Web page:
In the most recent issue of Isis (vol. 98, no. 2), Alison Winter discusses the contested and problematic status of psychological expertise in courts of law.
This essay discusses the yoked history of witnessing in science and the law and examines the history of attempts, over the past century, to use science to improve the surety of witness testimony. It examines some of these projects, particularly in the 1960s and 1970s. The essay argues that modern psychology offers a particularly problematic form of expertise because its focus is a task central to the jury’s mandate, the evaluation of a witness and his or her testimony. It concludes that a key feature of modern disputes over the legal relevance of psychological techniques is not the quality or character of the expertise being offered to the court but, rather, the question of whether expertise is needed at all and under what circumstances it should impinge on the jury’s decision making.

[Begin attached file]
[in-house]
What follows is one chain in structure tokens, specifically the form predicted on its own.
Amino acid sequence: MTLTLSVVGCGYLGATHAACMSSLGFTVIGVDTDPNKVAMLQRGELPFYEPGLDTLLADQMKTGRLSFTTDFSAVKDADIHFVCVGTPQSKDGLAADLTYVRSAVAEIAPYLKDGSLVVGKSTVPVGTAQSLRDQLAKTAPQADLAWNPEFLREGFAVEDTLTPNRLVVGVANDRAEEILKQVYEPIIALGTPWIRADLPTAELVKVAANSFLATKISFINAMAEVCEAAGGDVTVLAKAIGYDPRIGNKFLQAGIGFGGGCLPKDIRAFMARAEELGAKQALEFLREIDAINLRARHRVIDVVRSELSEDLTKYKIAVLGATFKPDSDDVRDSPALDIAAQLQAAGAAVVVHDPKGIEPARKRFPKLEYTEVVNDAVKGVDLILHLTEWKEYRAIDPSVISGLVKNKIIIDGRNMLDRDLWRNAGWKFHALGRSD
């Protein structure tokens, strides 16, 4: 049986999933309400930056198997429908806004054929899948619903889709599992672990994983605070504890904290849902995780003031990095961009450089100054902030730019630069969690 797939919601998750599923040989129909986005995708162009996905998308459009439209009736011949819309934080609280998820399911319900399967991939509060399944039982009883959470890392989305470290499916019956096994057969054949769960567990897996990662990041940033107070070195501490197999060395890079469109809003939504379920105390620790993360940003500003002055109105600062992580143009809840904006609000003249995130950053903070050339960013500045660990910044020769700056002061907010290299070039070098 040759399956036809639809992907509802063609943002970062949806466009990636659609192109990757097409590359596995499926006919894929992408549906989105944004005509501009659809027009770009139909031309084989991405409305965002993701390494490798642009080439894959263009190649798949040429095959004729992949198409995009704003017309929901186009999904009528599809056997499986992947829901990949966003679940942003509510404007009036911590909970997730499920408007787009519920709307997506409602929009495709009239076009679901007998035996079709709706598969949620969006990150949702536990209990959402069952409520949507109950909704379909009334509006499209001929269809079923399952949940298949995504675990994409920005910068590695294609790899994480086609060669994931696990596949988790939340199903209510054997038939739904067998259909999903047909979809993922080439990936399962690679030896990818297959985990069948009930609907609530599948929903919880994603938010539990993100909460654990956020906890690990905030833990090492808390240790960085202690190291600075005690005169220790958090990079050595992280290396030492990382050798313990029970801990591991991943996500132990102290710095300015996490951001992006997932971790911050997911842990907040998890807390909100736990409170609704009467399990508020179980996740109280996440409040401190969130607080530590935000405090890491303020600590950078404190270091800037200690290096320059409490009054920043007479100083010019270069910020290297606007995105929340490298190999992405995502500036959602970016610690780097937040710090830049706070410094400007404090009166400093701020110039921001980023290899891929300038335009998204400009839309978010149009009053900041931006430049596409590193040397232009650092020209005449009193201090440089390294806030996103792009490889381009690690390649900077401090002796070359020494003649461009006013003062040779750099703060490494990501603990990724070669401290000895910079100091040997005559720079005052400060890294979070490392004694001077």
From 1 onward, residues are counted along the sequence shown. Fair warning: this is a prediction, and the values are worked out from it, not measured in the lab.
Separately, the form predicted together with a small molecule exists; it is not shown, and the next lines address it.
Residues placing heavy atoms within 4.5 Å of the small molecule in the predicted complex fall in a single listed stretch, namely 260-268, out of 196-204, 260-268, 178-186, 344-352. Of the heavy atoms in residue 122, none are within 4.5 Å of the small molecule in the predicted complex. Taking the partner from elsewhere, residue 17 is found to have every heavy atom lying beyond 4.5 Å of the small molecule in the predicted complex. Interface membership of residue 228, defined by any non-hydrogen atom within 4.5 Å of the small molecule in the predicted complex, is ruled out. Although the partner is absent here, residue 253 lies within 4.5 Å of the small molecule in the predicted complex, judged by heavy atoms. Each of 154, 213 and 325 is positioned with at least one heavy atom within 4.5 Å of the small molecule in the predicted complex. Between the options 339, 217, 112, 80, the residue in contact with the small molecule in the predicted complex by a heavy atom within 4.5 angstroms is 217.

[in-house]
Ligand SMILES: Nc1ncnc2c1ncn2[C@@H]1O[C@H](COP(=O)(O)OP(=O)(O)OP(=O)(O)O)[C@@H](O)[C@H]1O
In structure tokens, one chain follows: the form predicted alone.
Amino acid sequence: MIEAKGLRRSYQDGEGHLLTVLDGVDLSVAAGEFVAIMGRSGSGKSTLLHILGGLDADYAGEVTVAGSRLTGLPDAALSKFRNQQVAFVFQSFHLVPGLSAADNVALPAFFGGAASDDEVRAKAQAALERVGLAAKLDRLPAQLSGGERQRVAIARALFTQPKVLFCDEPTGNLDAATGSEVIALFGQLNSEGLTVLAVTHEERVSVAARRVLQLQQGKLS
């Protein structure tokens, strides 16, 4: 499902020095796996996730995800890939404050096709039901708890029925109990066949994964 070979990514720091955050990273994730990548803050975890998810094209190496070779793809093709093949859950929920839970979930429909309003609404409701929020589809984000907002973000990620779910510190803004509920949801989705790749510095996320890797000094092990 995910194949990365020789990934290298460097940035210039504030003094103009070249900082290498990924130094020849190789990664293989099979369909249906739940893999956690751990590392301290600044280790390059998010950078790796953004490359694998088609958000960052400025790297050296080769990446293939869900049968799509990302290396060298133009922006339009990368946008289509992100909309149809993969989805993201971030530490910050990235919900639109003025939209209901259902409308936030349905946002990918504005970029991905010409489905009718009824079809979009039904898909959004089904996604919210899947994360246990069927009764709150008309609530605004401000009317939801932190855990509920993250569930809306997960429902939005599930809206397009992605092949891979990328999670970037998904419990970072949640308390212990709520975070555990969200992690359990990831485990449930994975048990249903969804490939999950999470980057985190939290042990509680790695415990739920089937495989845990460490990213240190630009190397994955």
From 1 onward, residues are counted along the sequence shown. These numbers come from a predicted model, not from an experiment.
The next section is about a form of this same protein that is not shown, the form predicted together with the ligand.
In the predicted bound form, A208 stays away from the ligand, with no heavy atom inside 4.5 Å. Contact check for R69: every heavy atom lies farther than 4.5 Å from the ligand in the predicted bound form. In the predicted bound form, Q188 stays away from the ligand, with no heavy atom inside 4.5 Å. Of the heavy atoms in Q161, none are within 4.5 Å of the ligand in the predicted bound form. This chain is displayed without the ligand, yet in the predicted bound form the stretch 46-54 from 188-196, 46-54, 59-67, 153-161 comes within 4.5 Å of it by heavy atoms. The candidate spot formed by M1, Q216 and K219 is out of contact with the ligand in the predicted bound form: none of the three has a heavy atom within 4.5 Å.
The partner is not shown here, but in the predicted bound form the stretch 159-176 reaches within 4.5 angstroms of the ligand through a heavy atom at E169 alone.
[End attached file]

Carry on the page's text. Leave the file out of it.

Winter is probably best known for her book Mesmerized: Powers of Mind in Victorian Britain (U. Chicago, 2000).